BILLINGS — Over 100 people gathered in the streets of downtown Billings on Friday for a healing walk where they remembered, grieved, and tried to move forward from the tragedies that Native Americans faced at boarding schools across the nation.
“Today, I'm affected by it, my son is affected by it, and we just want to push that narrative of healing. Healing from these atrocities, not hanging onto them, not letting them fester,” said Josiah Hugs, one of the event coordinators.
Along with the healing walk, some special guests also sang prayer songs over the crowd.
The remains of thousands of Native American children continue to be found in unmarked graves near boarding schools throughout the United States and Canada, which prompted the need for the event.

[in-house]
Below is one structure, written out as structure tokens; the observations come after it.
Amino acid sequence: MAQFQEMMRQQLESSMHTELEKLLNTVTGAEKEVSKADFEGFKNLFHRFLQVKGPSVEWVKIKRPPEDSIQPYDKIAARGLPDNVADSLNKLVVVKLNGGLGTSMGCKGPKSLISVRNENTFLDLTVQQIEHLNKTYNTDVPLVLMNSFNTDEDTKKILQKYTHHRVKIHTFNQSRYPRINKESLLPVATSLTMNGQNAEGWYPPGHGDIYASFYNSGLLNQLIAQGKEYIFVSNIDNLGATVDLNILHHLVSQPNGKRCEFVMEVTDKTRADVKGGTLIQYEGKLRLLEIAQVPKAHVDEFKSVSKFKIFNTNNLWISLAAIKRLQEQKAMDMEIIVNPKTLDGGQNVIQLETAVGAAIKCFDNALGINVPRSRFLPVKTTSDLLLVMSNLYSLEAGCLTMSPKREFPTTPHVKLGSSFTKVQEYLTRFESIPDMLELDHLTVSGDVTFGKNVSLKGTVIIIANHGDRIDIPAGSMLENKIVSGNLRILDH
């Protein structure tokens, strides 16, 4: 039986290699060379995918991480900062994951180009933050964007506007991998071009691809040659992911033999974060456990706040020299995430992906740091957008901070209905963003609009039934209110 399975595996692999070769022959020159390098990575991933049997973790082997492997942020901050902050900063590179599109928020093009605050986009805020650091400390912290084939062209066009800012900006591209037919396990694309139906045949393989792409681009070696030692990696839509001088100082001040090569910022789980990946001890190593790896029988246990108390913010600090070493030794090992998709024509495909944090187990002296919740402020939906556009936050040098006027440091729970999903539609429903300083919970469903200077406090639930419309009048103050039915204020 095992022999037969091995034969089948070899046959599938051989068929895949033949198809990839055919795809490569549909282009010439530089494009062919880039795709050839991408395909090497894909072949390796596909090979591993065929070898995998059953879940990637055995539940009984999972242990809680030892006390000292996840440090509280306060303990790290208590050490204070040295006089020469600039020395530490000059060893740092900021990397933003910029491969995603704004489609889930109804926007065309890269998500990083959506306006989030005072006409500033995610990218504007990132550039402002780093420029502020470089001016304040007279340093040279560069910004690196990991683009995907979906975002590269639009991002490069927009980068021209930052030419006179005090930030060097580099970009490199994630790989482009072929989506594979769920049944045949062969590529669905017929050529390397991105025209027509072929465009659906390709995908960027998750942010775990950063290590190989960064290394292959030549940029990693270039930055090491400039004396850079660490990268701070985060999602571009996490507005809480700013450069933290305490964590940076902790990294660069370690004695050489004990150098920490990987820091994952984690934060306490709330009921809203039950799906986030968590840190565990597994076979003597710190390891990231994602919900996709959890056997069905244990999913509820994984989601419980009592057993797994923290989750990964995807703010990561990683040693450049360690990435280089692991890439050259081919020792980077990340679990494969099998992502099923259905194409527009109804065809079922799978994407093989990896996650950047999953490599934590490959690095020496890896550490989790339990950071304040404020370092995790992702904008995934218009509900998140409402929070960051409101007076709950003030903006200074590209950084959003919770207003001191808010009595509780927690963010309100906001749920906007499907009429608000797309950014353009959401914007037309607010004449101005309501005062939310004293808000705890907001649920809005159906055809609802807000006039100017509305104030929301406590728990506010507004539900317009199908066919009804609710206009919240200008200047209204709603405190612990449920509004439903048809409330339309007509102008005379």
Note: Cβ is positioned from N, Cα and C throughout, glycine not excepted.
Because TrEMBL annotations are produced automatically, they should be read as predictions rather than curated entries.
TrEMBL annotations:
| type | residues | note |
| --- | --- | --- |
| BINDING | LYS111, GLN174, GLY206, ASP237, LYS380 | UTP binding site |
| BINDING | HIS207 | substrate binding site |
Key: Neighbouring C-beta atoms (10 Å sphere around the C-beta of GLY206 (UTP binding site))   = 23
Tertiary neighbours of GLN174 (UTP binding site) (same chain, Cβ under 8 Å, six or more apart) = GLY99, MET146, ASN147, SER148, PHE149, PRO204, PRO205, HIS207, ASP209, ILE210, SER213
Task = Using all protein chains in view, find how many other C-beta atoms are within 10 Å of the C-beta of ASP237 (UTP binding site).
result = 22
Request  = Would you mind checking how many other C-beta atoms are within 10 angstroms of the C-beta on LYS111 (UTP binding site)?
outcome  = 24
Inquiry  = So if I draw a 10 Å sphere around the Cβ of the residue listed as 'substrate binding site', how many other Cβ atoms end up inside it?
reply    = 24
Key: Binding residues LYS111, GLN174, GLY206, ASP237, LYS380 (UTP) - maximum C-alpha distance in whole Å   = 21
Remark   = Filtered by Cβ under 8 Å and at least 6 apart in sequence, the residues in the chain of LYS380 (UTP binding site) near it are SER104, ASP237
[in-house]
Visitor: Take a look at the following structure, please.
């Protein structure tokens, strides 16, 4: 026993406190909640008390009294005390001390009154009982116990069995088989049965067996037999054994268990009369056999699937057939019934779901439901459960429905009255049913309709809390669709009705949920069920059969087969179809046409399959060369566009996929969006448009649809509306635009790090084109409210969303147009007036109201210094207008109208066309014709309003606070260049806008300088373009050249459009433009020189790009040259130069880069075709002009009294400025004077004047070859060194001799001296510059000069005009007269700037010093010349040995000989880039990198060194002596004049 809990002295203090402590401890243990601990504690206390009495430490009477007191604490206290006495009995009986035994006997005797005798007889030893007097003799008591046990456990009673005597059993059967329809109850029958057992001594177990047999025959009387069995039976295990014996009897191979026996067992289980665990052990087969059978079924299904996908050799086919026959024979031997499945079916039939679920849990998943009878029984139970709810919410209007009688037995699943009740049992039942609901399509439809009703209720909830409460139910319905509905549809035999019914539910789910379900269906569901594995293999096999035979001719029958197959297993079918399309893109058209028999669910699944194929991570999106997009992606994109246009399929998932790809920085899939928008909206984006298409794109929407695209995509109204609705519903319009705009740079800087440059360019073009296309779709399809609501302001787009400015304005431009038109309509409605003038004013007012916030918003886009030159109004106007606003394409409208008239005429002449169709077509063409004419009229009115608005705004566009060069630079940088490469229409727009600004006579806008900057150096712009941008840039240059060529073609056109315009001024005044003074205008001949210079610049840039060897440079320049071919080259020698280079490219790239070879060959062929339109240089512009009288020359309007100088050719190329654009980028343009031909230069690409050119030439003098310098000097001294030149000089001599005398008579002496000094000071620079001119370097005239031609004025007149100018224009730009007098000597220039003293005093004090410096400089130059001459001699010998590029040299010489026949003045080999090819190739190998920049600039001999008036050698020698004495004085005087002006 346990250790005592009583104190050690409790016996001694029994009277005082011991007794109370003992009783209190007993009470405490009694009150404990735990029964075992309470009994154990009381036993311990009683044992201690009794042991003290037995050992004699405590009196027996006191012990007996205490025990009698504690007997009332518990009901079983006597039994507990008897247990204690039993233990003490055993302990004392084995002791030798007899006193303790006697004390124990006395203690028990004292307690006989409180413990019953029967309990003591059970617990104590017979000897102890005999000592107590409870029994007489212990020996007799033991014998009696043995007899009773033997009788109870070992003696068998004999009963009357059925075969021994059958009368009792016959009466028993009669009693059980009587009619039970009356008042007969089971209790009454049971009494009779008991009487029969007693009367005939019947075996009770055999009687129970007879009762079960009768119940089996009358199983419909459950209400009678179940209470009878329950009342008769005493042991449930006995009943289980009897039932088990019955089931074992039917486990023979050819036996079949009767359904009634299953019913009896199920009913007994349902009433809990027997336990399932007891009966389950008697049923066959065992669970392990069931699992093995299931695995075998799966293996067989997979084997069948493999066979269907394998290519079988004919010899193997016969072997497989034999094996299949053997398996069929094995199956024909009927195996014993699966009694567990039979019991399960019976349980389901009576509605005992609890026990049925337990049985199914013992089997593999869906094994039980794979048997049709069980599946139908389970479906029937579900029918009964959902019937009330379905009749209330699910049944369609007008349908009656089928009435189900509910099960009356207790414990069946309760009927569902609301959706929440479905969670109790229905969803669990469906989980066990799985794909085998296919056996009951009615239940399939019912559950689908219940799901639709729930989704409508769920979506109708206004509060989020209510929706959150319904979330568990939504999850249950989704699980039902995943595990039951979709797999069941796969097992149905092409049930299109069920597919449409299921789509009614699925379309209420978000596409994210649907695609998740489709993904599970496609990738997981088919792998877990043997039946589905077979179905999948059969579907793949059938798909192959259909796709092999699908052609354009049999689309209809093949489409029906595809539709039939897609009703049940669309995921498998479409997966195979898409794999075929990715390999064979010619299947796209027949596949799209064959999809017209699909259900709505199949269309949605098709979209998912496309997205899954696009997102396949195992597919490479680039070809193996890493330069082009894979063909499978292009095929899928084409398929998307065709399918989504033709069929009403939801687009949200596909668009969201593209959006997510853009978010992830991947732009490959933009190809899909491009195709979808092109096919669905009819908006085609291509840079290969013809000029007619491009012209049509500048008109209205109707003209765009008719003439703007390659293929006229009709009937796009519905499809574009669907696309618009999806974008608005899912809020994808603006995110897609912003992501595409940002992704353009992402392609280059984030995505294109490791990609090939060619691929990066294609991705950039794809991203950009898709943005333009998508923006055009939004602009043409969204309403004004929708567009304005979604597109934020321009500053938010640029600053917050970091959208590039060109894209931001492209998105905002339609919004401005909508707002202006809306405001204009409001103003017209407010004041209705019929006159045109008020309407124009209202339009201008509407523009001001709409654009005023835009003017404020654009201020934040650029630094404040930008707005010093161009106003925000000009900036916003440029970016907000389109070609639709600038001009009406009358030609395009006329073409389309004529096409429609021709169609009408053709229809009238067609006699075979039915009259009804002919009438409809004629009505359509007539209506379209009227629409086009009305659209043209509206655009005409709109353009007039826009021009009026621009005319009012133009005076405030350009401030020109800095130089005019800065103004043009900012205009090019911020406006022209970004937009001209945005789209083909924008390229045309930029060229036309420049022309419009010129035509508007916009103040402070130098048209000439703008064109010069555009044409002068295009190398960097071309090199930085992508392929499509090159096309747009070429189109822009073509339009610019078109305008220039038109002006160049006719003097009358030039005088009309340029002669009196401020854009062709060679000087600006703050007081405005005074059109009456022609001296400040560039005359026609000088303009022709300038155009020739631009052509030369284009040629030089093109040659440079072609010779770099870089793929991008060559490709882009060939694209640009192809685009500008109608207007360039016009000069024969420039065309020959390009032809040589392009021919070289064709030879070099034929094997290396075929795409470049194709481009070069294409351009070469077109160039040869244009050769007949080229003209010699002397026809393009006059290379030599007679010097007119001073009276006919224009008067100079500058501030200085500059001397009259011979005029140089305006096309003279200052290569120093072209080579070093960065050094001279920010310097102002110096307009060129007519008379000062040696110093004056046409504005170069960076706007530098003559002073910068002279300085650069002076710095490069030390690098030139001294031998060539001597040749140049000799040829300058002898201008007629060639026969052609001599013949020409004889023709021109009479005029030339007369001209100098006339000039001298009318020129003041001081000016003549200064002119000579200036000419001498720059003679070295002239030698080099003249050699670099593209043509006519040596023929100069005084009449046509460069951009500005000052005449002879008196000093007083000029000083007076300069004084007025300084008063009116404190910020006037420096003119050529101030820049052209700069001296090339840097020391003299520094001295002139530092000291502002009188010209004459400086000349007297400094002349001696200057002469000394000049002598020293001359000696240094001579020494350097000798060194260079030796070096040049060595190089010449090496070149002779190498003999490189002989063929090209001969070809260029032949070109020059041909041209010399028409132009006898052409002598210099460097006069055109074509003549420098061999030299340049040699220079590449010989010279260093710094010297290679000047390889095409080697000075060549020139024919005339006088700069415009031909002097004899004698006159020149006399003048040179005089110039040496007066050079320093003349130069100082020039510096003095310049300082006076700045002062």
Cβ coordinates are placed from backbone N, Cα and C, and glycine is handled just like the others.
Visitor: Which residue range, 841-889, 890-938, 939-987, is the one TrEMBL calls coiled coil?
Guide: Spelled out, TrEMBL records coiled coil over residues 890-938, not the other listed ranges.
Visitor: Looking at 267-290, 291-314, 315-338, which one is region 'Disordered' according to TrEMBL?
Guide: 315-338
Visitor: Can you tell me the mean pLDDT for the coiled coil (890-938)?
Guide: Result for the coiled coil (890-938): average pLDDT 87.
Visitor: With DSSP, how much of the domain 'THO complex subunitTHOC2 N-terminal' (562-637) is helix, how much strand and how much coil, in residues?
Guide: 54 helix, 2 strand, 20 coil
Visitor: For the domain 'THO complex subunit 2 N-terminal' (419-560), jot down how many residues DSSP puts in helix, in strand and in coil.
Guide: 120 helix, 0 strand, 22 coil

“I personally didn’t know much about it growing up and being Native American. We don’t really like to speak about trauma and stuff like this, so I think it’s good that we have an event to talk about it, recognize it, and bring attention to hopefully other people and the media,” said Jason Fisher, a member of the Northern Cheyenne Tribe.
Hug says that bringing attention to the problem doesn’t get rid of it, but it does create an opportunity for growth, and healing.
“I just think it’s really important to keep the conversation going. I just feel like it’s been swept under the rug, there's not really that much people talking about it anymore and I just think it’s important that we not only acknowledge it, but also that we move forward,” said Marlin Cloud, a member of the Crow Tribe.
Hugs said they may need to hold more healing walks in the future as remains continue to be found.